ASIDE from a horse’s head in a bed, one of the most memorable scenes in the 1972 movie The Godfather shows Michael Corleone (played by Al Pacino, above) becoming godfather to both his niece and his Mafia family.
There’s a heavy irony in the scene, as Michael stands in church saying that he ‘renounces Satan and all his works’ while a massacre that he ordered progresses in the world outside. It demonstrates the wide chasm between appearance and reality: This churchly dude, renouncing Satan, is actually semi-secretly embracing the world’s evil.
I now learn that the Catholic diocese of Catania is so concerned that “spiritually questionable characters” like Michael Corleone are being chosen in real life to be godfathers is that it has banned godfathering for three years.
Archbishop Salvatore Gristina of Catania, above, said that he decided to temporarily suspend the naming of godparents and confirmation sponsors because the tradition had become:
A social custom in which the dimension of faith is hardly visible.
The archbishop said that in today’s “socio-ecclesial context” in Catania, particularly with “the irregular family situation of so many people,” often those who were selected by families to be the godparents or Confirmation sponsors do not meet the canonical requirements for the role.
The godfather ban was featured in a New York Times article ($) on October 16, which said that Italian prosecutors have used baptisms as a metric to map out the influence of Mafia bosses.
It cited a priest in Catania who said that in some instances “threats against the parish priest” had been made to pressure the cleric into allowing some “spiritually questionable characters” to be named as godfathers.
During a visit to southern Italy in September 2020, Vatican Secretary of State Cardinal Pietro Parolin declared that Marian devotion in particular must be guarded against exploitation by the Mafia. Without a trace of irony he said:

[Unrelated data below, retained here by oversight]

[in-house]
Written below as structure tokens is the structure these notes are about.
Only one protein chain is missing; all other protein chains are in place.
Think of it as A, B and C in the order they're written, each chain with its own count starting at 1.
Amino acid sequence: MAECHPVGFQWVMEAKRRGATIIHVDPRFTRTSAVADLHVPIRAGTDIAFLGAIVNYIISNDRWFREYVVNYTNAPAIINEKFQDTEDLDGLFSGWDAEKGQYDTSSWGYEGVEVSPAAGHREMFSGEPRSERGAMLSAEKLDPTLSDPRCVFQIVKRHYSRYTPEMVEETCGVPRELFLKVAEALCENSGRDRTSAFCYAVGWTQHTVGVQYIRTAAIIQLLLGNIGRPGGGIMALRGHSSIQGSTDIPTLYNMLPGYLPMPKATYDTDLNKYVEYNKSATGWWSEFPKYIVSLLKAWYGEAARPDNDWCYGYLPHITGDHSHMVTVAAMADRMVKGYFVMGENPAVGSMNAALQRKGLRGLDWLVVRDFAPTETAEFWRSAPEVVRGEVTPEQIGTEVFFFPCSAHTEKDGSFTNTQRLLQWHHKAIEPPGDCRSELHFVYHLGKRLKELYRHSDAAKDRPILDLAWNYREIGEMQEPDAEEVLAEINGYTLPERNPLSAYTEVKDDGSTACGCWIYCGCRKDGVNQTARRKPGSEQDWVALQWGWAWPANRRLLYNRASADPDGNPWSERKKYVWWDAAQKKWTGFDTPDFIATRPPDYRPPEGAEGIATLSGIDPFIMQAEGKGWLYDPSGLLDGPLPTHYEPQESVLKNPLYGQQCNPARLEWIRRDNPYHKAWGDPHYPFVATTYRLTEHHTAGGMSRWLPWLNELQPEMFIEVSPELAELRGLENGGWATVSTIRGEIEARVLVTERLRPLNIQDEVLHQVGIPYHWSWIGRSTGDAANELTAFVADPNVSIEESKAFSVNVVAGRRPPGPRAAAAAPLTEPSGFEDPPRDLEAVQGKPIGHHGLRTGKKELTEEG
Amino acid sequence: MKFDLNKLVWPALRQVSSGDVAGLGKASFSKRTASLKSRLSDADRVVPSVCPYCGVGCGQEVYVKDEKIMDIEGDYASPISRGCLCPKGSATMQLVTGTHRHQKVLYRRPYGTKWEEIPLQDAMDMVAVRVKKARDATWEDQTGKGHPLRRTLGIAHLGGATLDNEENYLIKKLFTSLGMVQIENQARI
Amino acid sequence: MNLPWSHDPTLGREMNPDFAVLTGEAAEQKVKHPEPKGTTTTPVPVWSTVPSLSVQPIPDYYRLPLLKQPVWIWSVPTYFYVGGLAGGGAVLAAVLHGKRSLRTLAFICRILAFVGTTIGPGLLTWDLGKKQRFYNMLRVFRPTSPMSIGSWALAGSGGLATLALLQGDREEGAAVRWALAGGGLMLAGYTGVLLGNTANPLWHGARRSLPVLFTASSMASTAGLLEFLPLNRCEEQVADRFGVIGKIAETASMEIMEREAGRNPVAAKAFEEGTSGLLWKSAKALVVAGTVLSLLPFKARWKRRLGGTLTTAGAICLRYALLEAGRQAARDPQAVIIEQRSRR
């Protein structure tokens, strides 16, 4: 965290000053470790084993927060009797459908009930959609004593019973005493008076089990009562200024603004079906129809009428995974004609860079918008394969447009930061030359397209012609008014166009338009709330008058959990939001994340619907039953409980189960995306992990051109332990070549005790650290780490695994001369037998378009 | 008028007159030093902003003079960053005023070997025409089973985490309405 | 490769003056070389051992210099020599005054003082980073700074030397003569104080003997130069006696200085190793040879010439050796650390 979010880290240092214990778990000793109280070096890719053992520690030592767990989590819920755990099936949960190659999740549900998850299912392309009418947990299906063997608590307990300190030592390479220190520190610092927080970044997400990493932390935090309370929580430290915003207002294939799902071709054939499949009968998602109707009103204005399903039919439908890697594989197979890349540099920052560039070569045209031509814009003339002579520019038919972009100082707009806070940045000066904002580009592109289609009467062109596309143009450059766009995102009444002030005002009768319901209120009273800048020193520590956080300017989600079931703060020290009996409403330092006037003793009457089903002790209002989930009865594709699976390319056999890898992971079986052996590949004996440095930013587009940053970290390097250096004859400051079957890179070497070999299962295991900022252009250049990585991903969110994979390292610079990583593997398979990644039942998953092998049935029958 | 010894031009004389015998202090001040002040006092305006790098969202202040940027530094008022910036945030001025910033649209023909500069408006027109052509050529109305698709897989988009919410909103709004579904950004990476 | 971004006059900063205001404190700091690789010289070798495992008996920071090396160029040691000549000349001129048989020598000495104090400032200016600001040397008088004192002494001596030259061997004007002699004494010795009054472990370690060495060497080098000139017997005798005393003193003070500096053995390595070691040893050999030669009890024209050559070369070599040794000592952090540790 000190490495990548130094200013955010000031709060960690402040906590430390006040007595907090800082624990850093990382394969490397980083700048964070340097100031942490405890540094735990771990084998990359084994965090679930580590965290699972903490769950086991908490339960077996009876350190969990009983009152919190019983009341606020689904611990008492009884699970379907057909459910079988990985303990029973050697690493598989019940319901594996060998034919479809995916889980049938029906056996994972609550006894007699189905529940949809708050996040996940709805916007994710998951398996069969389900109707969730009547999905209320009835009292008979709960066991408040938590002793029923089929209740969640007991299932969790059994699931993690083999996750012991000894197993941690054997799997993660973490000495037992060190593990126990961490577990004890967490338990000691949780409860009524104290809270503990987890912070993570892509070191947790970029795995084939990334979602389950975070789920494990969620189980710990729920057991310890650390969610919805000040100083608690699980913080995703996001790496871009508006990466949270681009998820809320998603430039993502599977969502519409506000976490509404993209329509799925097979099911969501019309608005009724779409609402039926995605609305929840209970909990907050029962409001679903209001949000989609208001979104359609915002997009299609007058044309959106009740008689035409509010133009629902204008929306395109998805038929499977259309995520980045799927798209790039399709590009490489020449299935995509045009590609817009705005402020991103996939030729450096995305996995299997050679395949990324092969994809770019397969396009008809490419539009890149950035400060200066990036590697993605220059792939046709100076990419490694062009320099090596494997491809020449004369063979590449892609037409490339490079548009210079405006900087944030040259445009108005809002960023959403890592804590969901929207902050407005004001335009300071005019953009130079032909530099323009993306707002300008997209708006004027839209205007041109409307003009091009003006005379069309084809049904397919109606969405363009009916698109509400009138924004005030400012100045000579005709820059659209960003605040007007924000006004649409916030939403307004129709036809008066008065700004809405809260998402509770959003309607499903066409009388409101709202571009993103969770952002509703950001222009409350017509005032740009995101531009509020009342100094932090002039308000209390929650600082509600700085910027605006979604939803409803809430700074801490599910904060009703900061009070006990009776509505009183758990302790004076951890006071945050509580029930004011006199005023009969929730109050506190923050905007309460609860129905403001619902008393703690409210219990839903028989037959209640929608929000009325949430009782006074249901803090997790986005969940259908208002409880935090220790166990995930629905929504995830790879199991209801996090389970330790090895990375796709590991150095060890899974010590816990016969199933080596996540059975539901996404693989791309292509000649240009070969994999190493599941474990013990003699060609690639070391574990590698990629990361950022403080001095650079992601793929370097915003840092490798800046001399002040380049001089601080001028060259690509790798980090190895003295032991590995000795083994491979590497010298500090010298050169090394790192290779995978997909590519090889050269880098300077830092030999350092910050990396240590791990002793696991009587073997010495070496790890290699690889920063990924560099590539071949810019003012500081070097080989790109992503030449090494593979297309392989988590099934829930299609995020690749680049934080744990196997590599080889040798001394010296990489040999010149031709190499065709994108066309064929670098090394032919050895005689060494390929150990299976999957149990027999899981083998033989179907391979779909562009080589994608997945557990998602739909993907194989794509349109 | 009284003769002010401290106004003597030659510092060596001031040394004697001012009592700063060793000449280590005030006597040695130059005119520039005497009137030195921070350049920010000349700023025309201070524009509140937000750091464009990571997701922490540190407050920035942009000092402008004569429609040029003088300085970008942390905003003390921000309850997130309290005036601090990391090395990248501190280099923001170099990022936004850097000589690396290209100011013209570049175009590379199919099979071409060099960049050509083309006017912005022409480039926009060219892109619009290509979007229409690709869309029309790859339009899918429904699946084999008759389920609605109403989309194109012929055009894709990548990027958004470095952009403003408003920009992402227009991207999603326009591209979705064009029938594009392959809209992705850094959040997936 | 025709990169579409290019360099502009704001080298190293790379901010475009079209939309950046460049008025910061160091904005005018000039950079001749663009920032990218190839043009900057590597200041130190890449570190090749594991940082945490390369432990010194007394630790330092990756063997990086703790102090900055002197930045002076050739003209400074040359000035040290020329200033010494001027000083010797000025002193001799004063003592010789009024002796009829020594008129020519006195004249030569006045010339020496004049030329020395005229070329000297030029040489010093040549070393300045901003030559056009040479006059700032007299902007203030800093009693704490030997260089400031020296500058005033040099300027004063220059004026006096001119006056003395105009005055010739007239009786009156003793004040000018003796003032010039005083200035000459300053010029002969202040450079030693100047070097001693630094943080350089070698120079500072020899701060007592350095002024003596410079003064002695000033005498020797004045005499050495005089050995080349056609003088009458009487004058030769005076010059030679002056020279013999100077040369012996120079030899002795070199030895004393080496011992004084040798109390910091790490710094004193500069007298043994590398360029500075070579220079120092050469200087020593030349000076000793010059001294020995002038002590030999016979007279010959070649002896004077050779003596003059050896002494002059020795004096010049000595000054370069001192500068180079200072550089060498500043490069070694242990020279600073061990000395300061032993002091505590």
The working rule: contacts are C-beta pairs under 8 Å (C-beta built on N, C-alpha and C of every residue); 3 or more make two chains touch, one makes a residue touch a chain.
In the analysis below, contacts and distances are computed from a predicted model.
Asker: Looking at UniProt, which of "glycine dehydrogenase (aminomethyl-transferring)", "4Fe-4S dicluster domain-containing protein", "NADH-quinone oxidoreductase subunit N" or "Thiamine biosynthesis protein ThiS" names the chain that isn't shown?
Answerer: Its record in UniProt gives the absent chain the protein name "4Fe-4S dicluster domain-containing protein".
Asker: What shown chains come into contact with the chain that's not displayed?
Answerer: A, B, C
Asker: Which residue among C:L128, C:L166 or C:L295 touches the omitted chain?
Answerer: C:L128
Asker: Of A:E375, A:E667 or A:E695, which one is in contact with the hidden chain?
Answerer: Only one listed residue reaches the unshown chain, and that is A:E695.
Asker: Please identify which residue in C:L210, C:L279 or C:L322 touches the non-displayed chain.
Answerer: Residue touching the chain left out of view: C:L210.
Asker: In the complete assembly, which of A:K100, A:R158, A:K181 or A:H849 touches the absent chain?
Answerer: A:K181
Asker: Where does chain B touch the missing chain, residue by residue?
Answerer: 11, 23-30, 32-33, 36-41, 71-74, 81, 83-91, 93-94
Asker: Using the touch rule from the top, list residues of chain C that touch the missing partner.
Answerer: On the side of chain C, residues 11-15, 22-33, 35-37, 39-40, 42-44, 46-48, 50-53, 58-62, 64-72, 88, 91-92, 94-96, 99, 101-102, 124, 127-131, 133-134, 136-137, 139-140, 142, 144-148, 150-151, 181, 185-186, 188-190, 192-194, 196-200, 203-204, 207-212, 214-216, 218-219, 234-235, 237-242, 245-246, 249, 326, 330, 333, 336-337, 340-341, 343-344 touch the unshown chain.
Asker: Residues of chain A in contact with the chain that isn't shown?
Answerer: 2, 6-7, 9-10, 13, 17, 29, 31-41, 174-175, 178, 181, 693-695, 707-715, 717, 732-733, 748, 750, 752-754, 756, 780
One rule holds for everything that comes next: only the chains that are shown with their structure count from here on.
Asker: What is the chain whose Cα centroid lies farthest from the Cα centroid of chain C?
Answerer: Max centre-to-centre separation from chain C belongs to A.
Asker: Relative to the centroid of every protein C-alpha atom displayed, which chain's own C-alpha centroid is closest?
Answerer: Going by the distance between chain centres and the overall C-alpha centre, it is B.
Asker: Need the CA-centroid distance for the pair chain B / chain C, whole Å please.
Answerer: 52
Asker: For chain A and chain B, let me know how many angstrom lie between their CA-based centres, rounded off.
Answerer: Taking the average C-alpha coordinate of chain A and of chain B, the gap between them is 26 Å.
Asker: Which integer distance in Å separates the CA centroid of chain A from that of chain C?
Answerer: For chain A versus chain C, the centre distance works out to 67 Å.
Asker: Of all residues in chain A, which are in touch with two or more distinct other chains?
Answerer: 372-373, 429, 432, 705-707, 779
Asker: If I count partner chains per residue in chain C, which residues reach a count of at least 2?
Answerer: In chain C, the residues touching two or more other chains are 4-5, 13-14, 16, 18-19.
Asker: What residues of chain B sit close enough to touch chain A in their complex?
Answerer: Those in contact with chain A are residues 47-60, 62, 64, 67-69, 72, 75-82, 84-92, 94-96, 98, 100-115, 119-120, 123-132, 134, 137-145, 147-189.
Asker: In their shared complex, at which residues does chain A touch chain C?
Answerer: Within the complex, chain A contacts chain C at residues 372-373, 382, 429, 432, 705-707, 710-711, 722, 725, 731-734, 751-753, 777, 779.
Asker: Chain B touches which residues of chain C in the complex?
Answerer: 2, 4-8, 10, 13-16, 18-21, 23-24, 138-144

Popular piety is a great treasure that the Church cannot do without precisely because it supports faith in all circumstances. But it also needs to be purified of some unsuitable elements, especially if it is the underworld or criminal elements.
Msgr Salvatore Genchi, Vicar General of Catania, told the Times “it’s an experiment.” He estimated that 99 percent of the diocese’s godparents were not “spiritually fit” for the role.
Genchi expressed hope in an interview with the Italian magazine Famiglia Cristiana that the three-year temporary suspension on baptismal sponsors would be an occasion of renewal in which Catholics come to a better understanding of the Church’s expectations of godparents.
We hope that things will change, and whoever is about to become godfather or godmother will really do so because they intend to be a witness of a journey of faith.
Gristina’s decree, which was first issued in March, came into full effect on October 1 after an interim period from May 25 to September 30 which allowed already scheduled baptisms with selected godparents – many postponed due to prior COVID-19 lockdown restrictions – to take place.
Catholic site Aleteia reported that:
Primarily, the problem is creeping secularism in society and among members of the Church. But there is a concern about the Mafia as well.
It quoted the Times as saying:
Church officials argue that the once-essential figure in a child’s Catholic education has lost all spiritual significance. Instead, they say, it has become a networking opportunity for families looking to improve their fortunes, secure endowments of gold necklaces and make advantageous connections, sometimes with local power brokers who have dozens of godchildren.
God parenting, church officials said, had fallen to earth as a secular custom between relatives or neighbors — many deficient in faith or living in sin — and was now a mere method of strengthening family ties.
The Vatican created a working group earlier this year to study how best to separate criminal organisations such as the Mafia from Catholic traditions.
Hardly surprising, really, as the Catholic Church hates competition posed by rival crime syndicates.